By Linda Dillman
If everything falls in place, the city of Canal Winchester will sell 110 acres of industrial development land to the country’s largest landlord immediately after the city closes on the Bixby Road property.
Canal Winchester Development Director Lucas Haire said NorthPoint Development, a Kansas City company that developed logistics space in Groveport and is currently finishing up an Ashville project, wants to purchase the site.
An ordinance first conveying the tract to the Canal Winchester Industry and Commerce Corporation and then to NorthPoint was up for emergency approval by Canal Winchester City Council on Feb. 4.
“This is their first venture in Canal Winchester,” said Haire following a council work session. “We’ve been out marketing that (Bixby property) to developers. NorthPoint is interested in partnering with another contractor for the entire property. They build mostly warehouses and distribution centers.”
According to Haire, the city is purchasing the property at $8,500 per acre. The agreement with NorthPoint—if the company’s due diligence process approves the contract—calls for a sale price of $15,000 per acre.
Once all real estate related costs are paid, Haire said the agreement could net the city approximately $600,000. The site, located on the south side of Bixby Road and not far from the Gender Road corridor on the northeast corner of Rager Road and U.S. 33, is currently owned by Willis M. Alspach, Joan A. Alspach and David Benjamin Alspach.
Councilman Bob Clark suggested earmarking proceeds from the sale and future agreements for economic development.
The purchase comes two decades after Canal Winchester first dipped its municipal foot into the industrial development pool with Canal Pointe.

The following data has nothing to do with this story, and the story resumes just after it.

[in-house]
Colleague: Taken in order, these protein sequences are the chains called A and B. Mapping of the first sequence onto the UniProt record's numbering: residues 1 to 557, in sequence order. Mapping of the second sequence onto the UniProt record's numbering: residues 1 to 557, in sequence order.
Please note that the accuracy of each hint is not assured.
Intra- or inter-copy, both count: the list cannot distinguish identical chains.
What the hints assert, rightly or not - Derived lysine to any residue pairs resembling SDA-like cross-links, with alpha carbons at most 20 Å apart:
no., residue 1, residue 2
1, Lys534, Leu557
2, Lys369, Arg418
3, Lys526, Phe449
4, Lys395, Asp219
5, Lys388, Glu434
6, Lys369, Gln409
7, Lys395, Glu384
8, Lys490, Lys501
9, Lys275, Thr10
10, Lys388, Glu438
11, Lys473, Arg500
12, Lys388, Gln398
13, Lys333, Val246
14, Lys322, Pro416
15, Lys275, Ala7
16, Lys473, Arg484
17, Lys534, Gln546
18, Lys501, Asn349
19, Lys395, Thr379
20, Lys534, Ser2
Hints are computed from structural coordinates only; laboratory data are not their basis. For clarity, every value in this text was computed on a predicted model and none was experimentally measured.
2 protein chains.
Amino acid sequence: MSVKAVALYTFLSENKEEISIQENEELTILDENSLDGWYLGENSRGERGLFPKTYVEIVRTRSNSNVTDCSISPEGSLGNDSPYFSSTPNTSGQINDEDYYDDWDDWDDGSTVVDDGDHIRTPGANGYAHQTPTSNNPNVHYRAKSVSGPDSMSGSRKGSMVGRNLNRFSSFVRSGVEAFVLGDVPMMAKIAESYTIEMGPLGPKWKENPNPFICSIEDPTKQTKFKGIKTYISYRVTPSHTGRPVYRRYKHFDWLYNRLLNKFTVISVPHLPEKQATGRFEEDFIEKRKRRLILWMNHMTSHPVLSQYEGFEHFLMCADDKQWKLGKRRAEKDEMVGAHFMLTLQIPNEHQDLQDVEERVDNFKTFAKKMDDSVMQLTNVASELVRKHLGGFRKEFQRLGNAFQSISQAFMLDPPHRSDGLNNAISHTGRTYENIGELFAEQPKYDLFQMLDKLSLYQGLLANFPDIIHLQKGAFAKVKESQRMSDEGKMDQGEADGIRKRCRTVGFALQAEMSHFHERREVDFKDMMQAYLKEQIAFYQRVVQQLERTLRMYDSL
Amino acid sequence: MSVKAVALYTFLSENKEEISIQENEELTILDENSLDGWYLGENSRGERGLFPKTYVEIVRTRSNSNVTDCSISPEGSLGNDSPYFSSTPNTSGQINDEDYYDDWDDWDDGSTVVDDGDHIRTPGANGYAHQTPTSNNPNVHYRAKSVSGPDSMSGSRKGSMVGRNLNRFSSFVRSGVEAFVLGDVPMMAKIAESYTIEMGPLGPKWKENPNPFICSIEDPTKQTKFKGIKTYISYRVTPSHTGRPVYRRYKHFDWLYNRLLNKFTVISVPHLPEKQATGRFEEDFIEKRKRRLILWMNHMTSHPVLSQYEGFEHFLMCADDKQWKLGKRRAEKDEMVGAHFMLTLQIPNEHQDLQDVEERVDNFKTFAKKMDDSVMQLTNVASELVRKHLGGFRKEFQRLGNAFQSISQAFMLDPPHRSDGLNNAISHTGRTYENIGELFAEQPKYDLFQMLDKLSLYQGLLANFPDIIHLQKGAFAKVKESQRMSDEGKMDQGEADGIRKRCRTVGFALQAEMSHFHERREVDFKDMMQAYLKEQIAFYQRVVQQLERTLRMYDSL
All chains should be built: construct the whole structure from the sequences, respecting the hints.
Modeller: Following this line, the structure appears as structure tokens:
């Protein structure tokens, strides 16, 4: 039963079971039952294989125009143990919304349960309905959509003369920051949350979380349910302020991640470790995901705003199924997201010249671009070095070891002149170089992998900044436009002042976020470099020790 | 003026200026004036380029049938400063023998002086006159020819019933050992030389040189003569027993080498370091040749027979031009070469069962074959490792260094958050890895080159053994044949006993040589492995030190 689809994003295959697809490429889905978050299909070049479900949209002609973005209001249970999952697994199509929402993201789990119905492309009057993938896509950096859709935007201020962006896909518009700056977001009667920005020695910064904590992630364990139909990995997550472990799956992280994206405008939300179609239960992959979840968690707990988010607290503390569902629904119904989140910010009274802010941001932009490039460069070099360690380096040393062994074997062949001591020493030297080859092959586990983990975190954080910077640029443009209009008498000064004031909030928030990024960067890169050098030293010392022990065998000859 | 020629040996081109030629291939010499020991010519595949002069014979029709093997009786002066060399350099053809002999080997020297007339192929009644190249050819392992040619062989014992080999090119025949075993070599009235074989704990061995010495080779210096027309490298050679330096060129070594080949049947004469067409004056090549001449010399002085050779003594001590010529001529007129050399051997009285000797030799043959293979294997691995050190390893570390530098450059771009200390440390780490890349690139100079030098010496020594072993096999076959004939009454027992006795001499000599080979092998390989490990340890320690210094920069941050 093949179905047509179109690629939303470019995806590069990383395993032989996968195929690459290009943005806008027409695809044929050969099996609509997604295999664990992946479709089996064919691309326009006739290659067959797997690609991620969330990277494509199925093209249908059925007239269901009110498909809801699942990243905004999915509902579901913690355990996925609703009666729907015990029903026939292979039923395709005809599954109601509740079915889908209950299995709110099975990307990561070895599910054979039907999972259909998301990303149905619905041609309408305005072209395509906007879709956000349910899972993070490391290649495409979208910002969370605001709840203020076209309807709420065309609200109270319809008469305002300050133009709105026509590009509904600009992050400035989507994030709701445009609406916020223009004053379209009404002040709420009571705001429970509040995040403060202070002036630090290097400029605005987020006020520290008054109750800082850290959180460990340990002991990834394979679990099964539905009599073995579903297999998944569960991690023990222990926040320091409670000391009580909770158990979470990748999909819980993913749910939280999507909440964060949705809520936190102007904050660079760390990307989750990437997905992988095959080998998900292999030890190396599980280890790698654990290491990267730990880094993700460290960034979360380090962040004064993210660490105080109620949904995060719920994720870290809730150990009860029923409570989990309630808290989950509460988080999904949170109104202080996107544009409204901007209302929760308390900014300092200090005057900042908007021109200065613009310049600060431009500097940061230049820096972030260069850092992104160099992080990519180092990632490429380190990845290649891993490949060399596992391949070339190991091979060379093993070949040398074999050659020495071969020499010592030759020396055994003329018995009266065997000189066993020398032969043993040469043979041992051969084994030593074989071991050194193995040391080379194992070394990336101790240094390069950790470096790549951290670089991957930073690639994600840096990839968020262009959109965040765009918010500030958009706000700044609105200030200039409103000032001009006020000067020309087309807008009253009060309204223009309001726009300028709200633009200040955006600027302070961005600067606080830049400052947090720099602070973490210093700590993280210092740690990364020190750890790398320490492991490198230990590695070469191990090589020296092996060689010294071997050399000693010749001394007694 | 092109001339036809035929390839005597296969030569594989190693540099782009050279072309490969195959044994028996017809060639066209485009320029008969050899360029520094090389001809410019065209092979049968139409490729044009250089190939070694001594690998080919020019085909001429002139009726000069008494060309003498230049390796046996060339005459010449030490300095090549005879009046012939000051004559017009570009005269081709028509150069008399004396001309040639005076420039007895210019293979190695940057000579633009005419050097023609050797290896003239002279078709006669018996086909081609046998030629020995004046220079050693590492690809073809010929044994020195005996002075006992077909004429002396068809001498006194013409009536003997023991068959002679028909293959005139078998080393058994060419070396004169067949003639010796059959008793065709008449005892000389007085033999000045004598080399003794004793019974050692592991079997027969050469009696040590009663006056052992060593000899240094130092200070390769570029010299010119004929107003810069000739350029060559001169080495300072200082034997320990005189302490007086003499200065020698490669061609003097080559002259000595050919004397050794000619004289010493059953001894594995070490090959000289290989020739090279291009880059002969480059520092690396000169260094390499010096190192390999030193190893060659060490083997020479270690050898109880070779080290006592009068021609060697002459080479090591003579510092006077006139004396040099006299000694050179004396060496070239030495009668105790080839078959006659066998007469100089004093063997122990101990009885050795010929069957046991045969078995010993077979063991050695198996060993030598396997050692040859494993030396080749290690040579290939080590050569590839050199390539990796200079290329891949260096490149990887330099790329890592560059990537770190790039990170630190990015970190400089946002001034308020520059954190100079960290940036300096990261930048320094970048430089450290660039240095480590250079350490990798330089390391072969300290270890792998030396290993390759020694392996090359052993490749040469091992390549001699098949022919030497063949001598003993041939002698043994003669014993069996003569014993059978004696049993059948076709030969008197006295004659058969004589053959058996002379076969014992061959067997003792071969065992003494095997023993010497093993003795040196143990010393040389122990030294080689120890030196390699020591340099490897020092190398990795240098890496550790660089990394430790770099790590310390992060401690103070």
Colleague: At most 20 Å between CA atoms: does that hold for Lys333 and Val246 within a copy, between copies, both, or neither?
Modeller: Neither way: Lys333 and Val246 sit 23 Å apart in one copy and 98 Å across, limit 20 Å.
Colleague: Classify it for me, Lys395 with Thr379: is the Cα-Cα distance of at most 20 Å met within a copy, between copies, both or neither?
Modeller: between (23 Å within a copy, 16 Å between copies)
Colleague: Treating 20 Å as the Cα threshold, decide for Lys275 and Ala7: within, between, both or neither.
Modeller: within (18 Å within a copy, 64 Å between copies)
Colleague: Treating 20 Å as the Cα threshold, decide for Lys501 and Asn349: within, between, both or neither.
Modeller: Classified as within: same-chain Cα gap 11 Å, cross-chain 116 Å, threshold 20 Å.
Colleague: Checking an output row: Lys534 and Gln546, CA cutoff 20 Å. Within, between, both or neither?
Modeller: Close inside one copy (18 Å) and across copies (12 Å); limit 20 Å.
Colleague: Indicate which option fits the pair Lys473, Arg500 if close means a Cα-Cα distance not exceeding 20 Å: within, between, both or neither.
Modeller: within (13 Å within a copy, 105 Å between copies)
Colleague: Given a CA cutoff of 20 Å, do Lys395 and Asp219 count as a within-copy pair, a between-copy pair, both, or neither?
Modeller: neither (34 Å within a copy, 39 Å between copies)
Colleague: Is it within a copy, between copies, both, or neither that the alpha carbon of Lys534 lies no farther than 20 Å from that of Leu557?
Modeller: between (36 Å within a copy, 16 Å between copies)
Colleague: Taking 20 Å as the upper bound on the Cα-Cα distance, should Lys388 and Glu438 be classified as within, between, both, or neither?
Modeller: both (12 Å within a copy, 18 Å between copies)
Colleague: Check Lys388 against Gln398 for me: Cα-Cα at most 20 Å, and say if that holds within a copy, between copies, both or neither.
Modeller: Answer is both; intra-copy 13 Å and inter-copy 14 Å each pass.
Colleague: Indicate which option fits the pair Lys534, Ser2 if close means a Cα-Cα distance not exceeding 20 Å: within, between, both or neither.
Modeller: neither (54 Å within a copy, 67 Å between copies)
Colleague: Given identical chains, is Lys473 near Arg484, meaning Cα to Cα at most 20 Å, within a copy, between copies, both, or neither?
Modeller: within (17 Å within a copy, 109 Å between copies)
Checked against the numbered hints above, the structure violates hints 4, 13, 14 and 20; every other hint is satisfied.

During a November council meeting, Council President Bruce Jarvis said, “It’s been 20 years since that development began, which was a calculated experiment at the time to control the type and quality of development and make some money. We actually profited from Canal Pointe and it was very successful. We need a follow-on industrial park and hope this site works out. If they ever build an interchange at Bixby Road, this site would be in the right place at the right time.”
Two-thirds of the Bixby Road site is located within the city’s corporation limits. The remainder still needs to be annexed. Once the annexation request is initiated, it takes approximately three to four months to complete the process.
Middletown Farms development
Council was prepared to take action on a zoning amendment on the proposed Middletown Farms development—located at the intersection of Hayes and Lithopolis roads on land owned by The Dwight A. Imler Revocable Living Trust—after untabling the ordinance at the applicant’s request.
However, after a lengthy discussion during the regular council session, the applicant again requested that the ordinance be tabled after council members still balked at a garage setback and a looming inventory of new home builds.
“We’re the fastest growing city in the state of Ohio,” Clark said. “But you have to manage growth with capacity. A city is built to survive on income tax, not property tax.”